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Stateside With Rosalea: Chicago to Fort Worth

Stateside with Rosalea: Chicago to Fort Worth, Texas

(Part 3 of an account of my summer vacation trip.)

By Rosalea Barker

I left off last time in Chicago, waiting to board Amtrak's Texas Eagle, clutching the Texas Department of Transportation's 2003 State Travel Guide in my hot little hand. And hot it is in Chicago's Union Station. Along with the Texas Eagle, another big train is boarding at about the same time - the California Zephyr - so the waiting room is packed.

On board, I find myself seated behind two ladies with immaculately coiffed hair that looks so stunning the car attendant asks if she can take a photo so she can have her hair done like that too. She's still a teenager, a solo mum who's going to college (polytech) in the Windy City, and doing a summer paid internship with Amtrak.

The National Parks ranger doing the Rails and Trails talk in the observation car has also boarded at Chicago, but I have to admit I'm not all that interested in Illinois' canal system. Instead, I note that the Canal Street Self Storage building is painted with big US flags, the dates December 7, 1941 and September 11, 2001, and the words "America will never forget."

At first it seems that Illinois is cornfields to every horizon, but after Lincoln I see some fields of sunflowers. The ladies in front of me come back to their seat just as we pass one cornfield in which the plants are only ankle high, and I see exactly why that hairstyle is called cornrows. Intricate flocks of birds, like strands of DNA on the move, wheel above the fields as the sun gets close to the horizon. Just after Alton, we come to a graveyard of old train engines, mostly Union Pacific and Southern Pacific, but there is one Cotton Belt engine as well.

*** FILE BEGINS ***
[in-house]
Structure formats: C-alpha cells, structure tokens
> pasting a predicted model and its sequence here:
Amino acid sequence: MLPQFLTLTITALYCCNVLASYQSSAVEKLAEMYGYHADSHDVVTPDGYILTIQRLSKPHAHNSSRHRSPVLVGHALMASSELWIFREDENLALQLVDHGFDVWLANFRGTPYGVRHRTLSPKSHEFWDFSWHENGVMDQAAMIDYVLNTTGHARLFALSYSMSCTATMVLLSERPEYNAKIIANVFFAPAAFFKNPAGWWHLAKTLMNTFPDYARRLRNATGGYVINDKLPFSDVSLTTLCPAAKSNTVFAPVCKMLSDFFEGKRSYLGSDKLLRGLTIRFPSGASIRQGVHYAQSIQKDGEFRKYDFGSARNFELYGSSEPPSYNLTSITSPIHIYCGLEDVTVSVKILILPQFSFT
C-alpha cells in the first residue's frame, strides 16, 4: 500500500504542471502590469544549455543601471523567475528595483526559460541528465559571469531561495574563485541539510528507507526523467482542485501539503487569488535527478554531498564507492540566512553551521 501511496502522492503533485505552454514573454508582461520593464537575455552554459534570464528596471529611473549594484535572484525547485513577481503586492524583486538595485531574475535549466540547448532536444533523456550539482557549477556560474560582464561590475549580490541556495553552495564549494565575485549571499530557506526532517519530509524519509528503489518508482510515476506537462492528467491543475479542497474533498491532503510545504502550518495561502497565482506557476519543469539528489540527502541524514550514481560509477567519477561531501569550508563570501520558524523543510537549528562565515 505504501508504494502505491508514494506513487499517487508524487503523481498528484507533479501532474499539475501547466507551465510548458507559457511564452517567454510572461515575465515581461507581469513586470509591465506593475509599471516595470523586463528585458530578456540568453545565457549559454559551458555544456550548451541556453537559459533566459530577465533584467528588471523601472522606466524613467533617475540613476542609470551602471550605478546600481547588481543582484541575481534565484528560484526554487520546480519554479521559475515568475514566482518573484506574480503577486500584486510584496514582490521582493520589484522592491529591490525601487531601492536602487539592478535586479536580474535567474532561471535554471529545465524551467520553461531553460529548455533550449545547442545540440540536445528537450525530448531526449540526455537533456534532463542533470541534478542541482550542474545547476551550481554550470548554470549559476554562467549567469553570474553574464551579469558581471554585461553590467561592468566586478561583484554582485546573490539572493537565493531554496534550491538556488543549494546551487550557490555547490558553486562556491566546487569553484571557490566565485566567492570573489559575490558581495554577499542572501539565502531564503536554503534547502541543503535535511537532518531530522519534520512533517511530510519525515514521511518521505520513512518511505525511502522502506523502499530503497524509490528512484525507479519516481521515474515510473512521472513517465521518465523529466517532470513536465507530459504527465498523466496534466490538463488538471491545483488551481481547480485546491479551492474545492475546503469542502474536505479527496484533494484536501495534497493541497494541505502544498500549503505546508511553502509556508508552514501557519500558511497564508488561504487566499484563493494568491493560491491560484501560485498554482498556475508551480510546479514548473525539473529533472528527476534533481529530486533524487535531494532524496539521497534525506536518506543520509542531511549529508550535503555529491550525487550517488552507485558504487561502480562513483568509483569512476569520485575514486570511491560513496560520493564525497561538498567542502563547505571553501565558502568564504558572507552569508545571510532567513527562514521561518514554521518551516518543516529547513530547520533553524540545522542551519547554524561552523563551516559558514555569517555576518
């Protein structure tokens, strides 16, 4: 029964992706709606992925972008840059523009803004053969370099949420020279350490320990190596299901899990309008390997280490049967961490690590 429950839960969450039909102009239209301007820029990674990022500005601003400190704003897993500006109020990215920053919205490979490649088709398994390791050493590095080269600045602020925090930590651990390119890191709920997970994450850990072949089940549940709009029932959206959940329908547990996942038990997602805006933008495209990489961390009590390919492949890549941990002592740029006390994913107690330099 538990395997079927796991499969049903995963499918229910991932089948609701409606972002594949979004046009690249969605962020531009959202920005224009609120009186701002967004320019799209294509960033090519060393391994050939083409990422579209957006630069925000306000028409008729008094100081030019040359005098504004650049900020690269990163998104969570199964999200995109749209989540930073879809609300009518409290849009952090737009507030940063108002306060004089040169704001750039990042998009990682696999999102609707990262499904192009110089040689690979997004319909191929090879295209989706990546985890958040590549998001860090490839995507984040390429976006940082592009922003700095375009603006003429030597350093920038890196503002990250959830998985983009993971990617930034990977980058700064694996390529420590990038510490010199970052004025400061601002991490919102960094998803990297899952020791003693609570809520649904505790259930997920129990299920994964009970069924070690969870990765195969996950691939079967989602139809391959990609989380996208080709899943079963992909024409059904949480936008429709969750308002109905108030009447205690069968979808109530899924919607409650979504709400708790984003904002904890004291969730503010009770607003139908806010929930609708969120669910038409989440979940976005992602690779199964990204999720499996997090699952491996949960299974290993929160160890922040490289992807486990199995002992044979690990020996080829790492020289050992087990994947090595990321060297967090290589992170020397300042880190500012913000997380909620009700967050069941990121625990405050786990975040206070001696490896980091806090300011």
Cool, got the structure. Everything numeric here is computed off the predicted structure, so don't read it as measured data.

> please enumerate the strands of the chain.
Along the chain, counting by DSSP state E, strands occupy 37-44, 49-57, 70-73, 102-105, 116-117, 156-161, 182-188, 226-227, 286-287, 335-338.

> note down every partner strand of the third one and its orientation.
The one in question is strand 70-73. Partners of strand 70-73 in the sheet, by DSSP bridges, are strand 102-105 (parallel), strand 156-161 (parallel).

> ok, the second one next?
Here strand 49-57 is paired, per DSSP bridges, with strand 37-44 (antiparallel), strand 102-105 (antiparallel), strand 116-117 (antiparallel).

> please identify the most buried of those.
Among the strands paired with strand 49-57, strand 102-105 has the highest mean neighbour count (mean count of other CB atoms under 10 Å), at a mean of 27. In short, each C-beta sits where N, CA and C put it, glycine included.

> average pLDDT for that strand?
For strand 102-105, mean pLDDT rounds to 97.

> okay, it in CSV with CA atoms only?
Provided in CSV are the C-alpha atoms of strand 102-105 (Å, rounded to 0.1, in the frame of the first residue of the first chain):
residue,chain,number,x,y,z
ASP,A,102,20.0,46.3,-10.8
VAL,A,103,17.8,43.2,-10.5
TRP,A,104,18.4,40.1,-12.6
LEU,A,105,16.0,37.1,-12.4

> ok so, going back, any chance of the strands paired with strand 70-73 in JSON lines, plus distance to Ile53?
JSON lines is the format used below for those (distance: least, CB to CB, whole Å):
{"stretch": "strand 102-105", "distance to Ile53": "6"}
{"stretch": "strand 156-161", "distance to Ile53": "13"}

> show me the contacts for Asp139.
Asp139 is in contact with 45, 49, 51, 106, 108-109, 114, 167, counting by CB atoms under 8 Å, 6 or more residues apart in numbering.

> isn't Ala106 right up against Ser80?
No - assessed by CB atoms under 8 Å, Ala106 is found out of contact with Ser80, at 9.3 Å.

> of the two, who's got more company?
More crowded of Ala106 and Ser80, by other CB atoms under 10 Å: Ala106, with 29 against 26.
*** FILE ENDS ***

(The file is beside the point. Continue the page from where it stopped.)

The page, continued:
Just south of Alton is where the Missouri runs into the Mississippi and shortly after sunset the kids behind me say they're going to go to the observation car to see the train go over the river as we approach St Louis. "It's scary!" they say. We slowly squeach over a big iron bridge into the city that, on September 23, 1806, was the end point of the Lewis and Clark Expedition. I have covered in a matter of days one half of the round trip that they started out on on May 21, 1804.

I sleep through most of Missouri and wake next morning in Little Rock, Arkansas, too sleepy to figure out which side of the tracks those song-fabled two little girls came from. At breakfast I'm seated with a couple of truck drivers on their way to Mexico for a vacation and a woman who does "honor sketches" of individuals and groups within the armed forces. Later she shows me her portfolio and in it is a photo of her backstage with Tony Orlando when he was presented with one of her sketches in honour of "Tie a Yellow Ribbon Round the Old Oak Tree". On my trip I saw quite a number of yellow ribbons - one tied around a flagpole flying the Stars and Stripes in the yard of a very modest home, where the car in the drive also had two small US flags attached to its roof.